The goalie many consider the best in the NHL offers insight on improving his craft, the importance of a good partner in the team’s tandem, and whether good goalies are born or created.
The latest in a series of videos of sports psychologist Adam Naylor discussing the mental part of the goaltending. Here Naylor discusses finding the right level of motivation for the goalies.
Linked below is an article from Canada’s National Post about Toronto Maple Leaf’s rookie goalie Justin Pogge and his struggles in the NHL which can be linked to his weak mental game. Although this deals with an NHL goalie, much can be learned by goalies at all levels as it applies to the position in general.
As Brian Burke is quoted-
“…whether you can be a starter and that’s mental. Can you handle the pressure? Can you carry a team on your back? Can you not allow a soft goal in the third period? That’s where most goalies fail.”
Mental weakness comes in many forms during competition including -
- runaway nervousness
- poor concentration
- lack of confidence
- inability to let go of mistakes or bad breaks.
Any of the above will create problems for the goalie, his team, and prevent the goalie from ever reaching his full potential. If the team cannot count on their guy between the pipes there is little future for either of them.
As much as a goalie works to succeed on other parts of his game (technical, tactical, conditioning, etc), he must dedicate time to the mental as well. Does that mean he needs to meet with a sports psychologist? No, not in the least bit.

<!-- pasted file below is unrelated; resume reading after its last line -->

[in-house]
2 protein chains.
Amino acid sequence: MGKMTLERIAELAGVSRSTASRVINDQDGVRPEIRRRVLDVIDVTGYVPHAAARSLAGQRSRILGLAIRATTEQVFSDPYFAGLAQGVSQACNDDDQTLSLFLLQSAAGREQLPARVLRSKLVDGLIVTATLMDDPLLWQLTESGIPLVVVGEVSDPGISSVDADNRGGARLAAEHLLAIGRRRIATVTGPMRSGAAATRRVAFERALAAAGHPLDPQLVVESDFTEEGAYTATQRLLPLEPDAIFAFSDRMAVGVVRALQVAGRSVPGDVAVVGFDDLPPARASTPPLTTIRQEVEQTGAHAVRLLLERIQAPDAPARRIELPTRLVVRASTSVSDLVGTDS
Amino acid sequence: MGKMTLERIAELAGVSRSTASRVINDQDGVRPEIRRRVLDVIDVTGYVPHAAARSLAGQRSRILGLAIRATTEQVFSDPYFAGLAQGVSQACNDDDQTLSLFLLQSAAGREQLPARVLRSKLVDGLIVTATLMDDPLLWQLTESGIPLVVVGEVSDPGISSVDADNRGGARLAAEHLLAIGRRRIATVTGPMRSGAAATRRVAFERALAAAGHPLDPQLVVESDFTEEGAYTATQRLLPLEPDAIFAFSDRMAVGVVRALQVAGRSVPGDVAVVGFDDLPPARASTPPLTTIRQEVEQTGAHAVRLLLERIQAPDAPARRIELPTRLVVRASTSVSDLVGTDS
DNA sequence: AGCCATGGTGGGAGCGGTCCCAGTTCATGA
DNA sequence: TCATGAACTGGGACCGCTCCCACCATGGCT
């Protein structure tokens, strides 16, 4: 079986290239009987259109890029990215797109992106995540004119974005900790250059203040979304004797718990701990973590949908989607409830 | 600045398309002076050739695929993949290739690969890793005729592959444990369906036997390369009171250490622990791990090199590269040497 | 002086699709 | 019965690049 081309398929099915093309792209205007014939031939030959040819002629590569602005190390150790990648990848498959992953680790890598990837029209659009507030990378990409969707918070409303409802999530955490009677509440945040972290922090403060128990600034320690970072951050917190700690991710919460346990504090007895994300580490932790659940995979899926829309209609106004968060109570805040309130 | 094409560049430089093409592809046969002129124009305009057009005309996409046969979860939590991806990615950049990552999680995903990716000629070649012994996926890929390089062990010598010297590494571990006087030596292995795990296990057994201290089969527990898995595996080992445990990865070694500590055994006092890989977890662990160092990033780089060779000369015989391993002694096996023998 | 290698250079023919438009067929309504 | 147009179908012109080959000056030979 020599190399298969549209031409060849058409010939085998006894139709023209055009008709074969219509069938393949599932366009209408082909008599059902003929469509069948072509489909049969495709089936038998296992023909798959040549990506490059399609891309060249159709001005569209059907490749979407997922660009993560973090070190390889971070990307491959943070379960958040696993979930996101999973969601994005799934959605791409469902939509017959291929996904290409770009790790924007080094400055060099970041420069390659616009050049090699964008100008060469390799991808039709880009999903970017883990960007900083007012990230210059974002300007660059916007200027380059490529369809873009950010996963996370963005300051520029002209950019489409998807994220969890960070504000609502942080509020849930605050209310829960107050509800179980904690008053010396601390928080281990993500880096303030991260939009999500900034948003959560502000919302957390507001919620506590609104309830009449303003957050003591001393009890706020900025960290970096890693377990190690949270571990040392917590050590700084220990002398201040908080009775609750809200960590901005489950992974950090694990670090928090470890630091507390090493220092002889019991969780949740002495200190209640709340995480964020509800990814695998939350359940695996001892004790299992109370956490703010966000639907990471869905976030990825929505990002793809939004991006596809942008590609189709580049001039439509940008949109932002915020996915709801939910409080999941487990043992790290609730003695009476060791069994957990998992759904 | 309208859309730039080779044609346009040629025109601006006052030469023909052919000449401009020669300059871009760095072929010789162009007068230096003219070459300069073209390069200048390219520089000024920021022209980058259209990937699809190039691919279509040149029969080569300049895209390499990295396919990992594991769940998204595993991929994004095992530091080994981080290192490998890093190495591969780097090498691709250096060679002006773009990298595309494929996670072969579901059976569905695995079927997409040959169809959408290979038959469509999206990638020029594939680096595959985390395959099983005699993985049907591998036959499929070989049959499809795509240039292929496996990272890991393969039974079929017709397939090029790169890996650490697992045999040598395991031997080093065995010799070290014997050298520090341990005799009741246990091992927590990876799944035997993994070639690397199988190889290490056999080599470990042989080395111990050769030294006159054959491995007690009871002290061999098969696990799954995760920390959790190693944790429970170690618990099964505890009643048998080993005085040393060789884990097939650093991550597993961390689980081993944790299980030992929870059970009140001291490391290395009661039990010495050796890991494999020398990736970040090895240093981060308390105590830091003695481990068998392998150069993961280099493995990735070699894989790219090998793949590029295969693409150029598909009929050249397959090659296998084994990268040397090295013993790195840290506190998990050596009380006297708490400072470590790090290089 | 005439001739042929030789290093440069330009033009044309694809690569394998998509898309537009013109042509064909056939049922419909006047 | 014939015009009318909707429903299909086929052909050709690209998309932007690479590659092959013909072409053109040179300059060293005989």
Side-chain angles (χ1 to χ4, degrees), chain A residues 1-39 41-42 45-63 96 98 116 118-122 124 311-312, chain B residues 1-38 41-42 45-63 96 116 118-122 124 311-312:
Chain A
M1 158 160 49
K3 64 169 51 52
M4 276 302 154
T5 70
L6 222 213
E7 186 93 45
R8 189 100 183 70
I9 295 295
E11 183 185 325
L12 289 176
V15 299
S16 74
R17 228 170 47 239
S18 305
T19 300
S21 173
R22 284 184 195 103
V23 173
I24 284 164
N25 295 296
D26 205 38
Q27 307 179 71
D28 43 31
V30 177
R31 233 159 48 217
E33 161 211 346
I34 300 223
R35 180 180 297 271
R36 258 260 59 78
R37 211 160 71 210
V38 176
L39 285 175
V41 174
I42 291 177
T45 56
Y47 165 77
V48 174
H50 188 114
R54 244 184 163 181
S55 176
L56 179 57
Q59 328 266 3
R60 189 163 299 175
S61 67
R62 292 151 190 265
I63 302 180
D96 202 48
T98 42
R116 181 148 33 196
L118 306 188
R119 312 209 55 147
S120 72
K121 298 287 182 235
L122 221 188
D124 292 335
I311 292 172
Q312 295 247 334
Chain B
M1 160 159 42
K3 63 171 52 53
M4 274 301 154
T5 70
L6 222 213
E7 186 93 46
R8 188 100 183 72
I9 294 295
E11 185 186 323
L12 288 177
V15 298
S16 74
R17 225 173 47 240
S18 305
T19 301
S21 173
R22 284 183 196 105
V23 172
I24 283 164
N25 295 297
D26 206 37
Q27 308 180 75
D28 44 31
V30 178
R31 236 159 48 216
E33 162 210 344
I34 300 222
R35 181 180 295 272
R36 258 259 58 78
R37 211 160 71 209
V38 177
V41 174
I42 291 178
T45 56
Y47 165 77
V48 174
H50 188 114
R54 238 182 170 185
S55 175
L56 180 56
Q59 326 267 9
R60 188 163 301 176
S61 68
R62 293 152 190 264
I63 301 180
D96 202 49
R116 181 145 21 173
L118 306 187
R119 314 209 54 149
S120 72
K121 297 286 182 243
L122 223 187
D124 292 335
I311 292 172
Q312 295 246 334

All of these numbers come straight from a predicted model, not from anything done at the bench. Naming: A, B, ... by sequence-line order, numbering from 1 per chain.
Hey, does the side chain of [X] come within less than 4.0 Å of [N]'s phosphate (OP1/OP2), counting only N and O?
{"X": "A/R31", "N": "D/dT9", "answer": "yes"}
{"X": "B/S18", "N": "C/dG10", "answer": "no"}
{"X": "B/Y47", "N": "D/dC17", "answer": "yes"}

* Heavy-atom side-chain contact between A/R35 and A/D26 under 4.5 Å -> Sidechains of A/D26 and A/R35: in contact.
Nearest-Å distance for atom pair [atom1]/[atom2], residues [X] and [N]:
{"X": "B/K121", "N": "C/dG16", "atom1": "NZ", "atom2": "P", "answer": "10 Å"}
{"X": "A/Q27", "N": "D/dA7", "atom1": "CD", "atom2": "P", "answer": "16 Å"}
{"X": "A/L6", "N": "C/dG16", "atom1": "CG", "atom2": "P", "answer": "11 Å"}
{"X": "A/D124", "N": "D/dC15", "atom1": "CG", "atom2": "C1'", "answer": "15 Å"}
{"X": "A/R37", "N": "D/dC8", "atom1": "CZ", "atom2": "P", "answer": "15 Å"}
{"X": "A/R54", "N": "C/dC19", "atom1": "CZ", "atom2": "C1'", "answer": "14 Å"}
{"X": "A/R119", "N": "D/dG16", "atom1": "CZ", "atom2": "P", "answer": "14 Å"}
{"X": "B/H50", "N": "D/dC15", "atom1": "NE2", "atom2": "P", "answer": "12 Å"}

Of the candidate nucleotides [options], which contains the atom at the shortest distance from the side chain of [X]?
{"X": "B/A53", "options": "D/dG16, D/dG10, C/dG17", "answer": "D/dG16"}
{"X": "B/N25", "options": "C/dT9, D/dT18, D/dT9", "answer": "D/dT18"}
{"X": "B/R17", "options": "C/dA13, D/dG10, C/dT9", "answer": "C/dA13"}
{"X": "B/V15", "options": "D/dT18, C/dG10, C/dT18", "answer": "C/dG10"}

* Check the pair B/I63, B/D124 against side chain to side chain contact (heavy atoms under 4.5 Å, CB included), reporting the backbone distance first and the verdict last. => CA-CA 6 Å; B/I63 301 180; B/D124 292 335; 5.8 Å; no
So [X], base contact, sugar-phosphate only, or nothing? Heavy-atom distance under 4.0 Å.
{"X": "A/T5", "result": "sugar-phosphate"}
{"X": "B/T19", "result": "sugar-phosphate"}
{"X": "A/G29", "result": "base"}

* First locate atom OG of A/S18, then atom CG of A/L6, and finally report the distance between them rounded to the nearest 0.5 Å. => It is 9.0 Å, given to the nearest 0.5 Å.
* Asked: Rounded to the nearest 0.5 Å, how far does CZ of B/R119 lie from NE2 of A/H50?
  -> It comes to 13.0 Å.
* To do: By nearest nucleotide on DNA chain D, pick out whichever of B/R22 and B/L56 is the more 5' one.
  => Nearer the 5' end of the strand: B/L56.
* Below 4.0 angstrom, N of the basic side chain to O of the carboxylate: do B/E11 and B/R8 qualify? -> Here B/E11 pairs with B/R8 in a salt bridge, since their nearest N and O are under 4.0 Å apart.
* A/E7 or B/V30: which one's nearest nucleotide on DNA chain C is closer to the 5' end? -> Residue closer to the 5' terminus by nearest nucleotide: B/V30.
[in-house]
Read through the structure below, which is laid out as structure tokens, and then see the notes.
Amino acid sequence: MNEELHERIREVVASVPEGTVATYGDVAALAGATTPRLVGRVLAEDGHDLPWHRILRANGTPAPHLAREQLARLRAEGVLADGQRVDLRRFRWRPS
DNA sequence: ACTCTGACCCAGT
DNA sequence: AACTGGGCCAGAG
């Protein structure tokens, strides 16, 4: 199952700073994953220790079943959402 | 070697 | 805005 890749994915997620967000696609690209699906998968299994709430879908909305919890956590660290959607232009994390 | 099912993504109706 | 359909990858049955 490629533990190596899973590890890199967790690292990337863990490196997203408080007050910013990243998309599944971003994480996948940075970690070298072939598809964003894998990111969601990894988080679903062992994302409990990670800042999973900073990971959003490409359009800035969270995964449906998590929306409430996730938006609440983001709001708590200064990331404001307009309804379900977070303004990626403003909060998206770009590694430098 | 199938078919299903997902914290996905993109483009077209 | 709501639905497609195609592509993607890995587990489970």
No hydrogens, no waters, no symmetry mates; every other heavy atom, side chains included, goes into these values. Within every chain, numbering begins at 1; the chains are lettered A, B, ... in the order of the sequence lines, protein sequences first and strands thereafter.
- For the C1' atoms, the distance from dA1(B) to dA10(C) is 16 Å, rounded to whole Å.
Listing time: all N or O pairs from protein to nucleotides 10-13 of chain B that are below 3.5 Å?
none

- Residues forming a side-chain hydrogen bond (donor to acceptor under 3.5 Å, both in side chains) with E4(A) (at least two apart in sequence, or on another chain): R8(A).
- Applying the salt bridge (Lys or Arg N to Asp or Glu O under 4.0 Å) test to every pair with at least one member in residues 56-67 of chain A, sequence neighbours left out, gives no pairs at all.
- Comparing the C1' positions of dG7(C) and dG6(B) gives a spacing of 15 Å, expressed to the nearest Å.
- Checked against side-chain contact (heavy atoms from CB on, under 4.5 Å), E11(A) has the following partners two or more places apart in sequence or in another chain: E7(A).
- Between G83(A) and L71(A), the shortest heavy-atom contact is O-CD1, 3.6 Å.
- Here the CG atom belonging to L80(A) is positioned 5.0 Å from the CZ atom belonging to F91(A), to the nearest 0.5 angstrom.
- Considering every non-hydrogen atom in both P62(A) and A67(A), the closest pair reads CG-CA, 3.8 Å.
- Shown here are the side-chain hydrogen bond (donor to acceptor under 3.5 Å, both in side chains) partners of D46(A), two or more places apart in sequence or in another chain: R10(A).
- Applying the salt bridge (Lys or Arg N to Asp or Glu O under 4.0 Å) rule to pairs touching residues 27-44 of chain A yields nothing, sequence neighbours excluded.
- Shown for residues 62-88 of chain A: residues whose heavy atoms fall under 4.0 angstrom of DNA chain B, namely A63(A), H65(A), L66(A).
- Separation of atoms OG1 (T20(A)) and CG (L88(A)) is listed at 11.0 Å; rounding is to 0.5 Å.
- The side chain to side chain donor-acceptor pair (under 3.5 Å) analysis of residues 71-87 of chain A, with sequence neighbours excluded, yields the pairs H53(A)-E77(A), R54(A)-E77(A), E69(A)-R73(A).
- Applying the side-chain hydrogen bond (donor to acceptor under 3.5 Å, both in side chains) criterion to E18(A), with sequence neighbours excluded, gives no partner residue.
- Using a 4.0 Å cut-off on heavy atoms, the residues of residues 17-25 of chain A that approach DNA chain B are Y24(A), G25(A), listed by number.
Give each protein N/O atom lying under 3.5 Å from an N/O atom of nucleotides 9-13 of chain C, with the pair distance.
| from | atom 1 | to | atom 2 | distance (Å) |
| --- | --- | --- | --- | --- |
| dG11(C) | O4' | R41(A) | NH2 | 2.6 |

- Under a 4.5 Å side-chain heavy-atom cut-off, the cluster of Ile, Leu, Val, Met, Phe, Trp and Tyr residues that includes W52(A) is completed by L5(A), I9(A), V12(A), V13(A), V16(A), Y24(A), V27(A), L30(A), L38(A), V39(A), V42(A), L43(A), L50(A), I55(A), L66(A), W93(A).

There are several inexpensive, or free, alternatives to the sports shrink. Consider striking up a friendship with a more experienced goalie and/or work with a goalie coach who has played the game. Both should be able to provide insight and advice while acting as a sounding board to the struggling goalie.
As well, there are numerous websites (see Google) and books written about sports psychology that are easily understood.
The best sports psychology book I read happened to be based on hockey. Dr. Saul Miller’s Hockey Tough (http://www.amazon.com/Hockey-Tough-Saul-L-Miller/dp/0736051236/ref=sr_1_2?ie=UTF8&s=books&qid=1238555025&sr=1-2) provides insight to many sports perfomance issues with excellent solutions.
If you can’t find a copy of Hockey Tough look for a used copy of Miller’s The Complete Player: The Psychology of Winning Hockey (http://www.amazon.com/Complete-Player-Psychology-Winning-Hockey/dp/0773762213/ref=sr_1_1?ie=UTF8&s=books&qid=1238555025&sr=1-1) which is out-of-print and was replaced by Hockey Tough.